Yesterday, on a FaceBook group devoted to Tinnitus, I read a heartbreaking post: “My tinnitus is really really bad. I’m leaving this world.”
My eyes immediately jumped to see how many comments were made in response and felt relieved. 147! I scanned through some of then:
“Hang in there, bro!”
“It will get better.”
“Get help. Cal your doctor now.”
“Try soft music in the background.”
“Focus on positive things.”
“I know it seems bad now, but it will get better with time.”
“IM (message) me now and we can chat!”
I don’t know what impact these offers of support had on the writer, but I was relieved. This was pure, loving support from strangers that I hope will help the person who posted to find his way forward.
Social media gets a bad rap these days.
We spend too much time on it. We accept what we read as truth, rather than getting our information from reputable sources. We ‘share’ (spread) conspiracies and lies that look like fact and are what we want to believe. We are able to vent our political and religious views, often anonymously in a way that mocks and badmouths those who believe differently. Anyone who spends any time on FaceBook, Twitter, Instagram or other social media platforms will agree with this.
But social media is also a positive force for change. Many of us – and when I say many, I mean gazillions – use social media to connect with people who have the same issues. I wrote recently about Brian Wallach, a man with ALS who is determined not to let the disease beat him, and his tweets are daily inspirations to thousands of people.
When I first went on social media, I was frantic over the fact that my hair was thinning and my once-beautiful eyelashes were no longer thick. Call me shallow if you want, but I found I wasn’t alone in my frustration and panic. People place immense value on having hair in the places they’re supposed to have it. Especially women. And when it starts to shed, it can be devastating. On FaceBook, I connected with a group of women who shared their frustrations and their thoughts on how to deal with it. It made me feel a lot better and I followed that group for a year; my hair is still thinning but maybe I’ve accepted it, or simply found something else to worry about.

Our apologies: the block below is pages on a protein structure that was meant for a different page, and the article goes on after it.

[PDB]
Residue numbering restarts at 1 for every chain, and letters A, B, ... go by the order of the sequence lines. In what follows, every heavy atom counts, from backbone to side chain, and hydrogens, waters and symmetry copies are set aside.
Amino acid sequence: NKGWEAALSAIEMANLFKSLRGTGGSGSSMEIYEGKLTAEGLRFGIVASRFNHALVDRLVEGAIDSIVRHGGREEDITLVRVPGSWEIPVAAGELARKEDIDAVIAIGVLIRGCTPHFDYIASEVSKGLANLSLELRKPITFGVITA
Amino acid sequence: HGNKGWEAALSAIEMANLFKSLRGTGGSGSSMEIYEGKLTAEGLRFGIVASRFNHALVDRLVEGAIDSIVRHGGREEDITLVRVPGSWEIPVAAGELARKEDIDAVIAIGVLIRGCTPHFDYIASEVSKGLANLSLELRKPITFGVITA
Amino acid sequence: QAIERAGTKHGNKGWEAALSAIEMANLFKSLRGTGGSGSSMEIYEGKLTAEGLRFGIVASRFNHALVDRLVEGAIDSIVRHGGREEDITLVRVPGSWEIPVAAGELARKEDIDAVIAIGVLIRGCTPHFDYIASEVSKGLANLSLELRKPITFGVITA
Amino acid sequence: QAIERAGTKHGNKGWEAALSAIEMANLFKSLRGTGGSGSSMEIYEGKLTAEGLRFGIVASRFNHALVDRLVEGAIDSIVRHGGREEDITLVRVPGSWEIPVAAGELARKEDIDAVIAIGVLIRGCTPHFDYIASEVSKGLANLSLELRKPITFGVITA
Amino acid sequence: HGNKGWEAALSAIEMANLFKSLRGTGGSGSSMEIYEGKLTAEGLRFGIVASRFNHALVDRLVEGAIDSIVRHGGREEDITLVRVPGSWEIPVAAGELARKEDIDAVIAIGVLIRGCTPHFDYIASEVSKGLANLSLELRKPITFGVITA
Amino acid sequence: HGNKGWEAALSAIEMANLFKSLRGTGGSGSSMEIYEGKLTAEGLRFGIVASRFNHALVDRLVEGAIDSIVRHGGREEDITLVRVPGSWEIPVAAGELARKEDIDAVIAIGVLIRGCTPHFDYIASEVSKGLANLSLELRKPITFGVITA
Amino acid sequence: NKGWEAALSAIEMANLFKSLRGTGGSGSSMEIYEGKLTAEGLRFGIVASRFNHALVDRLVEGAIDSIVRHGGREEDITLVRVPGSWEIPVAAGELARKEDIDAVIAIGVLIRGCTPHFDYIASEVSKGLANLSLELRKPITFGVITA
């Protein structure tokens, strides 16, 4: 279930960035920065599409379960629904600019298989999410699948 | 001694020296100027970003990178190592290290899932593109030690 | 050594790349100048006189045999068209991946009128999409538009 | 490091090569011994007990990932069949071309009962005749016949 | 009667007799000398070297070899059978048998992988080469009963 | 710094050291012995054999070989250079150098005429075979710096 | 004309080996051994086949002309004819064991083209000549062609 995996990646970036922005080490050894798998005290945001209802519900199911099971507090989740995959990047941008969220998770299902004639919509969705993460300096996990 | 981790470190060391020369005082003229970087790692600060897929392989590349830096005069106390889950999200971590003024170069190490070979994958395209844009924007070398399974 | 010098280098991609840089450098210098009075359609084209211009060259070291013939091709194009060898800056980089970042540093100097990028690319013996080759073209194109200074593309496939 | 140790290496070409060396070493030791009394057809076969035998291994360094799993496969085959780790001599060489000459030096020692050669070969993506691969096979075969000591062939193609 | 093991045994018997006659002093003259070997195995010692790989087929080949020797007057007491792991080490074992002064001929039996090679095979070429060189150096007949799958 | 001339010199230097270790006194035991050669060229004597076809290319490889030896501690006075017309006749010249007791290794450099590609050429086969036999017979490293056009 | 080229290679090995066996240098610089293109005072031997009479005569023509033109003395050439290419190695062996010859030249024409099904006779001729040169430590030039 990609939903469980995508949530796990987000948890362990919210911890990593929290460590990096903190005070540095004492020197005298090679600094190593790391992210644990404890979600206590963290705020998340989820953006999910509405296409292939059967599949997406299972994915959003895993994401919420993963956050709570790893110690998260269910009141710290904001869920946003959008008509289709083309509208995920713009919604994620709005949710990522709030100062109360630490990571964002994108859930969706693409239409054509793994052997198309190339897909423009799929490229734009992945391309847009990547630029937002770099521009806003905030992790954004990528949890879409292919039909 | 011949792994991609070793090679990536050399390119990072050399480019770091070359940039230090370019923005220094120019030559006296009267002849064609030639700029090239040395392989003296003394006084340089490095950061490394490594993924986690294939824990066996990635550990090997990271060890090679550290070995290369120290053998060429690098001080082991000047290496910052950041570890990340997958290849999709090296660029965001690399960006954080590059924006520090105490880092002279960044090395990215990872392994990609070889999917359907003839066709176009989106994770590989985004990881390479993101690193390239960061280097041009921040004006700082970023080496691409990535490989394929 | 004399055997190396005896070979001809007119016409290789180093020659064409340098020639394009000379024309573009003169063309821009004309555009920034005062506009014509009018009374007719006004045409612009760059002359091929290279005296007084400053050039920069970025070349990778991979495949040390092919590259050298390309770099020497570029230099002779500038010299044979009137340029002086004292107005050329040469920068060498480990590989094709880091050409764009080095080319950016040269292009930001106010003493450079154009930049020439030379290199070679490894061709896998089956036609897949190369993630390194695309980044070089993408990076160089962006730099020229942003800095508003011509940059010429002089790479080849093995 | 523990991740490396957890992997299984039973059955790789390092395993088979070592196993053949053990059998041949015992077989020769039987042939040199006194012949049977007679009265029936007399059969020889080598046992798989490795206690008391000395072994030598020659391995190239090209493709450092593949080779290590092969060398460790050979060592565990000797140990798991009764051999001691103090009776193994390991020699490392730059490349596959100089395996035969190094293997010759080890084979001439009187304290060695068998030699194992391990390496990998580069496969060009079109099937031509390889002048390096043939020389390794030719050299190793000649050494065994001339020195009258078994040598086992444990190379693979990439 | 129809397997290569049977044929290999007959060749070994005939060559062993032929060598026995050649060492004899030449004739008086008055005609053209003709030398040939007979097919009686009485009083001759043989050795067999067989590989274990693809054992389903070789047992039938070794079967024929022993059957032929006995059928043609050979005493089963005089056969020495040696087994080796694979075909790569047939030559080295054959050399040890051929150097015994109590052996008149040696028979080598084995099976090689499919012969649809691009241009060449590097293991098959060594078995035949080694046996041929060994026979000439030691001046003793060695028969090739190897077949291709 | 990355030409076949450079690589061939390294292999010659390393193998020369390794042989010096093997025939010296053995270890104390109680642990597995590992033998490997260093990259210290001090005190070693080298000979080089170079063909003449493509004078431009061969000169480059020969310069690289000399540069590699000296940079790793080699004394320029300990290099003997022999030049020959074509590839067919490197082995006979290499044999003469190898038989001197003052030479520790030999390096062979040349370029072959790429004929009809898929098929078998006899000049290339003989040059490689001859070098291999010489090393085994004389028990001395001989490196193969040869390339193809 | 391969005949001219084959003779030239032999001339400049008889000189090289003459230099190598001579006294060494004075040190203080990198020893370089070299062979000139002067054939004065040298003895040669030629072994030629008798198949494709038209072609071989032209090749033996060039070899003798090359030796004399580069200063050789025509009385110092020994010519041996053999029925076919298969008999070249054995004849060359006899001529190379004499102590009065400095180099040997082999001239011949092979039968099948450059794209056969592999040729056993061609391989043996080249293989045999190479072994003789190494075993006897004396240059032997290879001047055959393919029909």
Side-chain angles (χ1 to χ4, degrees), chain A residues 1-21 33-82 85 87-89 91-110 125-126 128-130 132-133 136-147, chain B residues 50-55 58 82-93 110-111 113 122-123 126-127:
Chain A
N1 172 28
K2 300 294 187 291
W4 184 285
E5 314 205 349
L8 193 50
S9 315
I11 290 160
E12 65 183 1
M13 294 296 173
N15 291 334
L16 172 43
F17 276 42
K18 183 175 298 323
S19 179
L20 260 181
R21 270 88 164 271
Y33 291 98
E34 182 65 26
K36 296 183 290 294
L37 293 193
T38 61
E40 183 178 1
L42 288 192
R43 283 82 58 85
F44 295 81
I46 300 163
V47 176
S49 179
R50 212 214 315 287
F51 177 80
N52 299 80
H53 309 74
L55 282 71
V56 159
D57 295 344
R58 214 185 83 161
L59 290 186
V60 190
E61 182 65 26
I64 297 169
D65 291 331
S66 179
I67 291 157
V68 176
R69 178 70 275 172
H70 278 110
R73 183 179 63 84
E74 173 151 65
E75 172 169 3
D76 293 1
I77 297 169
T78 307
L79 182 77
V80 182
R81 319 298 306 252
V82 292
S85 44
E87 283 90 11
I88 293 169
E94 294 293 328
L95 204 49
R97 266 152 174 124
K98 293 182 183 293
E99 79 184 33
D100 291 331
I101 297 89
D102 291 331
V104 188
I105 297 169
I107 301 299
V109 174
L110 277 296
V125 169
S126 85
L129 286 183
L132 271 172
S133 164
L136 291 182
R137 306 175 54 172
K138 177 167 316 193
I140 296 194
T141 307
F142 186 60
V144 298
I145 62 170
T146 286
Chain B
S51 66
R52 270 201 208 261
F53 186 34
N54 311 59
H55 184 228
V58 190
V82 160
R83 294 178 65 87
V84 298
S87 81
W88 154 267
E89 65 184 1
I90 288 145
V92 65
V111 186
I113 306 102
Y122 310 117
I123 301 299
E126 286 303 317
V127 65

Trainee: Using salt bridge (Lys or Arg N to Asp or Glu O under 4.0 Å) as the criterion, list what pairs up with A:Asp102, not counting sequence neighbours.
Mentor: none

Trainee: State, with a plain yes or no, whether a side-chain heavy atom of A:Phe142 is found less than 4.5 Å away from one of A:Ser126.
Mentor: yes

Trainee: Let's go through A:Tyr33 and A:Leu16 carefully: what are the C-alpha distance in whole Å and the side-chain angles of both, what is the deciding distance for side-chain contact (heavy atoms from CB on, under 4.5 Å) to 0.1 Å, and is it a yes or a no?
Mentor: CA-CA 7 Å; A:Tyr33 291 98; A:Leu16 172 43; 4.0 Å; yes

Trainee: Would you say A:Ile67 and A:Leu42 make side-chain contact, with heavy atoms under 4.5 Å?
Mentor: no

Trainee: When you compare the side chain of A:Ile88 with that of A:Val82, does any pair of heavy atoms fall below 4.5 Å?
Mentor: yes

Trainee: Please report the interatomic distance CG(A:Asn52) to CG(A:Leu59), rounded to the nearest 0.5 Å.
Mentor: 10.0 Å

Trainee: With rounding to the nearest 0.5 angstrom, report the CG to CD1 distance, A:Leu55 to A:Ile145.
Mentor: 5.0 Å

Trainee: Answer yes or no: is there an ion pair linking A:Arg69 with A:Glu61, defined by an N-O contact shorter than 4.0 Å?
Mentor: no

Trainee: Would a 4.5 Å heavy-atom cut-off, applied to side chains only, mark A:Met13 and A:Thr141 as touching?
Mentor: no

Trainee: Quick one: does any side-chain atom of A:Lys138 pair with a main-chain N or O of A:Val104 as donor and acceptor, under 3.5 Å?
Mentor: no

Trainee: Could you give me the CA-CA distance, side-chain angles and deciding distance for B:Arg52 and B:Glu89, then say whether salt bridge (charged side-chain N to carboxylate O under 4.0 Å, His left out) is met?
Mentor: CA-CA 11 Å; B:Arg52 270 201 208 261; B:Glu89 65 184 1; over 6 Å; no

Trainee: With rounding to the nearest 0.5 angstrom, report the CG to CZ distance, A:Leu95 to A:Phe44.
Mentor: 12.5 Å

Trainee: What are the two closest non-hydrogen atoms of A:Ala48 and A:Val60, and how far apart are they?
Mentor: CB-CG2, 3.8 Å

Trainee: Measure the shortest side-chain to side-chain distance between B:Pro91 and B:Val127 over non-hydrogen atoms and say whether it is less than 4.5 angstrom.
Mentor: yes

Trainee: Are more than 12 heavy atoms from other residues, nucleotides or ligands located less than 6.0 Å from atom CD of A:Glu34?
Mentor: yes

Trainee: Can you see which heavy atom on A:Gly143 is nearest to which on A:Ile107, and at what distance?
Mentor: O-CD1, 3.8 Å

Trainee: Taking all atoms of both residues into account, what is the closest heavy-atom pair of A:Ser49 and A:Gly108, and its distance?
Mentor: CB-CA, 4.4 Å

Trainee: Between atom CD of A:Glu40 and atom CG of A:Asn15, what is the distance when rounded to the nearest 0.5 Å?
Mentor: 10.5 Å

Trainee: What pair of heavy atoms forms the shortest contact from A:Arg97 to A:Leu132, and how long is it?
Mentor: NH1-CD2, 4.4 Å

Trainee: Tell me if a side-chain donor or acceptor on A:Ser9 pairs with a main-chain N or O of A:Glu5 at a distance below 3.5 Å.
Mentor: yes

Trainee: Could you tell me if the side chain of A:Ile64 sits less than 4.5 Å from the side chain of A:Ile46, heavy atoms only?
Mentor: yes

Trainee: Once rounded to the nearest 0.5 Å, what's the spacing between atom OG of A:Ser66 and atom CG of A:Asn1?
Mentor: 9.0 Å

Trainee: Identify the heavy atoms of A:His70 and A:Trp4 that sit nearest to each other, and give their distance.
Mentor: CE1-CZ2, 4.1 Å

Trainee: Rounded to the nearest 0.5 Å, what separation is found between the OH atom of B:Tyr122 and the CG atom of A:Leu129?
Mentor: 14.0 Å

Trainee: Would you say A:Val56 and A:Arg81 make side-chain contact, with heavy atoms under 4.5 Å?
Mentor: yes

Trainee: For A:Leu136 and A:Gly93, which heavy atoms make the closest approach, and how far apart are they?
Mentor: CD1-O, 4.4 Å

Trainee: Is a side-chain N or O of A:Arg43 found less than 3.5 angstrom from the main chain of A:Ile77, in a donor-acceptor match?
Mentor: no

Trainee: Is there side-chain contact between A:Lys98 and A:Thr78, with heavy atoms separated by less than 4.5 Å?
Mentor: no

It’s the same with hearing loss and tinnitus. There are many – scores, hundreds, thousands – 0f social media groups devoted to various aspects of living with communication challenges and invasive head noise. On any given day, you can pop into these sites and see that someone new has posted, asking for help, support, and ideas that will fix their problems.
Many of them ask technical questions. Some drop scathing comments on the cost of technology. Others cry over the lack of treatments for their tinnitus. And almost all of them receive responses from people who are on the same journey (or hamster wheel). These questions and answers become threads, conversations that share information, not only for the person who initially posted, but for themselves. And because we are human, the threads often contain sharp disagreements. Ultimately it’s up to the first person to extract the information that is useful for their situation.
But sometimes, the only expectation in joining these groups is to connect with people who understand them. As the writer Cheryl Strayed wrote in her book “Tiny, Beautiful Things”, “The healing power of even the most microscopic exchange with someone who knows in a flash precisely what you’re talking about because they experienced that thing too, cannot be overestimated.”
If you know of someone who is suffering from severe tinnitus or who needs help in dealing with their hearing loss, tell them to look up pertinent FaceBook and other social media ‘groups’. You might think, well doesn’t everybody do that?
No, they don’t. And I can guarantee you that people are waiting on these groups to provide support. I know I am.